Teaching Evolution

A blog devoted to teaching evolution, both in our schools and in our communities.

Sunday, May 22, 2005

Five Books I Wish I'd Read

I try to keep this blog focused entirely on evolution, but Kevin Drum passes along an irresistable question: "What 5 books are you vaguely embarrassed to admit you haven't read?"

First, one book that I haven't read but isn't on the list: The Origin of Species. I've read parts of it, but far from every word. The reason I don't feel ashamed is that I've read Darwin's Ghost by Steve Jones. The premise of Jones's book is that he goes through the Origin and updates it, writing it the way Darwin might have if he knew everything that scientists know today. That makes it, to my mind, a more important book to read for people in 2005 who want to understand this subject. I know I'll have some critics who are sure I'm a fool to have a blog like this without having read Darwin's most famous work, but I feel OK about it. And a couple of people who have posted critical comments on this blog might like to know one book I have read: The Bible. Every word, you ask? Yes, every word.

With that, here's my list:
1. The Grapes of Wrath
I've read and much admired other works by Steinbeck, but for some reason I've never gotten around to reading this one. I'm sure there's no substitute for this book for people who want to appreciate the struggle of Americans during the Great Depression, but it just hasn't made its way into my "to read" pile.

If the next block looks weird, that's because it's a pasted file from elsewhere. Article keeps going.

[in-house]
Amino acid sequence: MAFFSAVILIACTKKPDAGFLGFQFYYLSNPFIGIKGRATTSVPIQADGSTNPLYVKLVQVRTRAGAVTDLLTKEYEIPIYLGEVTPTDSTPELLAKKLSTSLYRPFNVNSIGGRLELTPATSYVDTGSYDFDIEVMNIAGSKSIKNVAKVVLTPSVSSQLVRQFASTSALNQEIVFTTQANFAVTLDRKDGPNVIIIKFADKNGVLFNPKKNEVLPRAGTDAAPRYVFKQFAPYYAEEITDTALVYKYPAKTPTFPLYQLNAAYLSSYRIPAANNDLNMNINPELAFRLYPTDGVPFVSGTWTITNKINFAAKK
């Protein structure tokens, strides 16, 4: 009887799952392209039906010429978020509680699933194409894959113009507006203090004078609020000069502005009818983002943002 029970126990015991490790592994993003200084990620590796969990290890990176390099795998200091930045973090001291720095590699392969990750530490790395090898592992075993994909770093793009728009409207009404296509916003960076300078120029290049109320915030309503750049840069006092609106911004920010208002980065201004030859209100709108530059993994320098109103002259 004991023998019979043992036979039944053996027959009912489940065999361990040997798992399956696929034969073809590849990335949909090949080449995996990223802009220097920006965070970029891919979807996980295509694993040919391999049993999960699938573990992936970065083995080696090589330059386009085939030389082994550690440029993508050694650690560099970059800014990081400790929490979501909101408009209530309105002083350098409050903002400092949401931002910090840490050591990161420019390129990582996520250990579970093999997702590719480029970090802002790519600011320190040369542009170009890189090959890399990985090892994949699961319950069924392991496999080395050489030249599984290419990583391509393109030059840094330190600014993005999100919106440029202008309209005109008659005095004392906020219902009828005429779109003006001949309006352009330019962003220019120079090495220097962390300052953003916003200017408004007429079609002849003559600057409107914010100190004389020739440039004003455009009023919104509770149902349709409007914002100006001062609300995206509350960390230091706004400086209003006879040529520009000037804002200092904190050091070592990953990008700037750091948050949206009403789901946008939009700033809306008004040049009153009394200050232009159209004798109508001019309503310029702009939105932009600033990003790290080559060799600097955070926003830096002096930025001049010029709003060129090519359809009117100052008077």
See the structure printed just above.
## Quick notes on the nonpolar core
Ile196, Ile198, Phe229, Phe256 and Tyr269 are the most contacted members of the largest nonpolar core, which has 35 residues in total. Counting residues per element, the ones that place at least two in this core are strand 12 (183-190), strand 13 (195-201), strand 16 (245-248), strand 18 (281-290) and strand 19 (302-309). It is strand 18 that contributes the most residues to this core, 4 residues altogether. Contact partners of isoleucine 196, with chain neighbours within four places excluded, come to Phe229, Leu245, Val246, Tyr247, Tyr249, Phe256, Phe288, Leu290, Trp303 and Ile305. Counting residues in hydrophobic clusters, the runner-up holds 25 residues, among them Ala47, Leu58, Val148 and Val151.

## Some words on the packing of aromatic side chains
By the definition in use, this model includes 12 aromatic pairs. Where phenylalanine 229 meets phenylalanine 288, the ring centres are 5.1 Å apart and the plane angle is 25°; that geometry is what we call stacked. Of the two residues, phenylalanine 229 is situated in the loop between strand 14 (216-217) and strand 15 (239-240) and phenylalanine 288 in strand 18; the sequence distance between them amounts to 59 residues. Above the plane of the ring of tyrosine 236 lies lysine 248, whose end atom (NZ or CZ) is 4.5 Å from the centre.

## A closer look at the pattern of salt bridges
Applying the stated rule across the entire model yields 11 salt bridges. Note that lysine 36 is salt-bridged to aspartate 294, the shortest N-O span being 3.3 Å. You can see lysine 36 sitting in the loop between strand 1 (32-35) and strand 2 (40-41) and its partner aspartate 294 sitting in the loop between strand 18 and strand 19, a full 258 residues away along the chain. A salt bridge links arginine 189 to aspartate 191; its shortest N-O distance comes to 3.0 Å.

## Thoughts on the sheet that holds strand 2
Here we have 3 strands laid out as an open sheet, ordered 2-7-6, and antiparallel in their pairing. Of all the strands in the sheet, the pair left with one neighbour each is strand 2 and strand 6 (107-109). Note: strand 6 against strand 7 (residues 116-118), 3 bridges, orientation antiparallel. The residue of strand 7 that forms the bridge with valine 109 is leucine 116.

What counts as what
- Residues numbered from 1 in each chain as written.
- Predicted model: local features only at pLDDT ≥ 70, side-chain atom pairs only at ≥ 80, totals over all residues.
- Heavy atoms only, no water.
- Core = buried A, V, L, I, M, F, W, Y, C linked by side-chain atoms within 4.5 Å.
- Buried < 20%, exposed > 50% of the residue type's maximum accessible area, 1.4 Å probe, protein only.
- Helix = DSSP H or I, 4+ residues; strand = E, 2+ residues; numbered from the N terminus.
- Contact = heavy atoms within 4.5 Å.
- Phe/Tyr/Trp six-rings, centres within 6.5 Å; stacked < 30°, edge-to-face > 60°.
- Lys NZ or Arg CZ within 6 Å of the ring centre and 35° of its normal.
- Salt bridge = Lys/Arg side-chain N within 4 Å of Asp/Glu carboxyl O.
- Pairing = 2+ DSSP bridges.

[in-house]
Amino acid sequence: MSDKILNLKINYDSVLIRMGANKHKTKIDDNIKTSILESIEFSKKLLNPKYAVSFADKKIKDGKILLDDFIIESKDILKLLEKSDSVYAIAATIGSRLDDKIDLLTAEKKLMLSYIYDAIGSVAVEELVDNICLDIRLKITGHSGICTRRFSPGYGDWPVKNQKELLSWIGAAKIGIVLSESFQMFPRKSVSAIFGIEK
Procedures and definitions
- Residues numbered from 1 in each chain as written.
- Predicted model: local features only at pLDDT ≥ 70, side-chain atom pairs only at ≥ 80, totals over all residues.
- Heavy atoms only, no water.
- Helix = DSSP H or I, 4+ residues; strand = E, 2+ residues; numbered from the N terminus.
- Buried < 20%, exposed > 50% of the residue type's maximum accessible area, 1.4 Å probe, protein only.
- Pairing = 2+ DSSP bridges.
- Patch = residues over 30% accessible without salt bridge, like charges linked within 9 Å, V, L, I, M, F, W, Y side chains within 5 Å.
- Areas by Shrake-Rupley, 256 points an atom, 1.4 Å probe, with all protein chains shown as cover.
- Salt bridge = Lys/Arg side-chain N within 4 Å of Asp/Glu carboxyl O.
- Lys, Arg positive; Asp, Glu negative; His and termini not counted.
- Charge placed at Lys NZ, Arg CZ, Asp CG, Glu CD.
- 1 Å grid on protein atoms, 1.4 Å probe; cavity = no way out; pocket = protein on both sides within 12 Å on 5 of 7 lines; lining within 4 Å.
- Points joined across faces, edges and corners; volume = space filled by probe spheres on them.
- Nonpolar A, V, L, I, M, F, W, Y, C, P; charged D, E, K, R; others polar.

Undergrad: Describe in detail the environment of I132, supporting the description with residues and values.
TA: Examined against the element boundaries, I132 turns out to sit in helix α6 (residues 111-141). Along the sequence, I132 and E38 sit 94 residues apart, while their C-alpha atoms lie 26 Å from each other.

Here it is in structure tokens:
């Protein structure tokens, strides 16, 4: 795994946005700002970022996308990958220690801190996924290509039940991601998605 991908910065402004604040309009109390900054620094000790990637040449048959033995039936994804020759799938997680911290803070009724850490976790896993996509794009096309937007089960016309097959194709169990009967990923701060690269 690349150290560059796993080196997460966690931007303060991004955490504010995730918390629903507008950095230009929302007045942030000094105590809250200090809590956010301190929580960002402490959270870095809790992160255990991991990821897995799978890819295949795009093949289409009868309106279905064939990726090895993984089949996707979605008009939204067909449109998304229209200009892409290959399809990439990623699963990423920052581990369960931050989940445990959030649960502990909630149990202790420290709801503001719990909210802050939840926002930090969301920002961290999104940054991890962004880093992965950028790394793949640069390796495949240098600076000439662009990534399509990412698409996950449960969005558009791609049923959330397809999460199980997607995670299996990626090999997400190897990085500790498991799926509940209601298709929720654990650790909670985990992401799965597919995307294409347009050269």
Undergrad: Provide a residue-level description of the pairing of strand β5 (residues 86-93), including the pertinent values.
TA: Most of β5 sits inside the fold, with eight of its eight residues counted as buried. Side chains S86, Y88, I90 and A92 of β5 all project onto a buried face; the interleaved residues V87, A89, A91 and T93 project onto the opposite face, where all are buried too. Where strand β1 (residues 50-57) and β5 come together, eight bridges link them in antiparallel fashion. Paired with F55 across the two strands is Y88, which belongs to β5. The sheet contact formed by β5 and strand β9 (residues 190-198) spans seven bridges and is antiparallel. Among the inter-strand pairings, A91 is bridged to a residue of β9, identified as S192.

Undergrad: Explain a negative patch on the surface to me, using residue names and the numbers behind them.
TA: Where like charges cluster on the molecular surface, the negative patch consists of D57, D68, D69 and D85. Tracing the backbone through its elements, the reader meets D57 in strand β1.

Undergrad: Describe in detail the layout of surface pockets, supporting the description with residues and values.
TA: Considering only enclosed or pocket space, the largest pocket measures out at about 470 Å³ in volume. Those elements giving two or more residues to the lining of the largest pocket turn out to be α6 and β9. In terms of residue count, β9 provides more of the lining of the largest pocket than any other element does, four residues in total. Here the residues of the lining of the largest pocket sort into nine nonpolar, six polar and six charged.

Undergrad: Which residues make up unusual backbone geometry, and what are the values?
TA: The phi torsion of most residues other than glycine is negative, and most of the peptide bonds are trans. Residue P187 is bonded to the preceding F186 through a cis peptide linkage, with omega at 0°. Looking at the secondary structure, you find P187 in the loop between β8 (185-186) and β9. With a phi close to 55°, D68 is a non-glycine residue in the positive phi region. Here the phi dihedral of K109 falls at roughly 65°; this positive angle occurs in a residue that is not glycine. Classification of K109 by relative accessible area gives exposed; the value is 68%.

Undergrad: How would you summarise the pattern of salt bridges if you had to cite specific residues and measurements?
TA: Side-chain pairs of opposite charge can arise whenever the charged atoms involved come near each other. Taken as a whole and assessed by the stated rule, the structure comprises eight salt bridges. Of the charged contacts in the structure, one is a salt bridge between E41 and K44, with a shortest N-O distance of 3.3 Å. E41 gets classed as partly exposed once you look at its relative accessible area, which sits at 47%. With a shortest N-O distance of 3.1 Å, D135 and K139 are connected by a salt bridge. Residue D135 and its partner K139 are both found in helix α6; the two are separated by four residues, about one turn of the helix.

2. A Tale of Two Cities
Again, the other books I've read by Dickens I've loved. And I've read maybe the first 20 pages of A Tale of Two Cities and think they're about the most beautiful 20 pages I've read. But it's challenging reading, and I haven't continued. When I was a high school English teacher I tried to teach this, but it was way too difficult for my students, I'm sorry to say.

3. Anything by Studs Terkel
I, along with every other person who lives in Chicago, love Studs Terkel. I've seen him speak in person twice in the last year, and even into his 10th decade he's got a sharp mind and a quick wit. But I've never read any of his books. Shame on me.

4. A Portrait of the Artist as a Young Man
I haven't read Ulysses, either, but I'm not the least bit embarrassed to admit I haven't read Ulysses because I suspect that nearly everyone I know, even English majors, would admit to not having read it, at least not every word. But Portrait of the Artist doesn't strike me as the Herculean task that Ulysses does, so there's really no excuse for my not having read it.

5. The 9/11 Commission Report, the Koran, histories of Islam, biographies of Osama bin Laden, etc.
It's the duty of every citizen to stay well-informed about what's going on in the world, but I have to acknowledge that I'm not particularly well read here. I've read excerpts of the 9/11 Report, but really, I should have read the whole thing. And America's future is deeply entwined with the future of the Middle East, so I should know more about the people and their religion.

The worst thing about this is that I own The Grapes of Wrath, A Tale of Two Cities, and A Portrait of the Artist as a Young Man. I make this vow to you: I will read all three before the year is over.

I'd love to see your list in the comments.


At 10:09 AM, Blogger dhodge said...

Why not add "Bless the Beasts and Children" and make it an even six?


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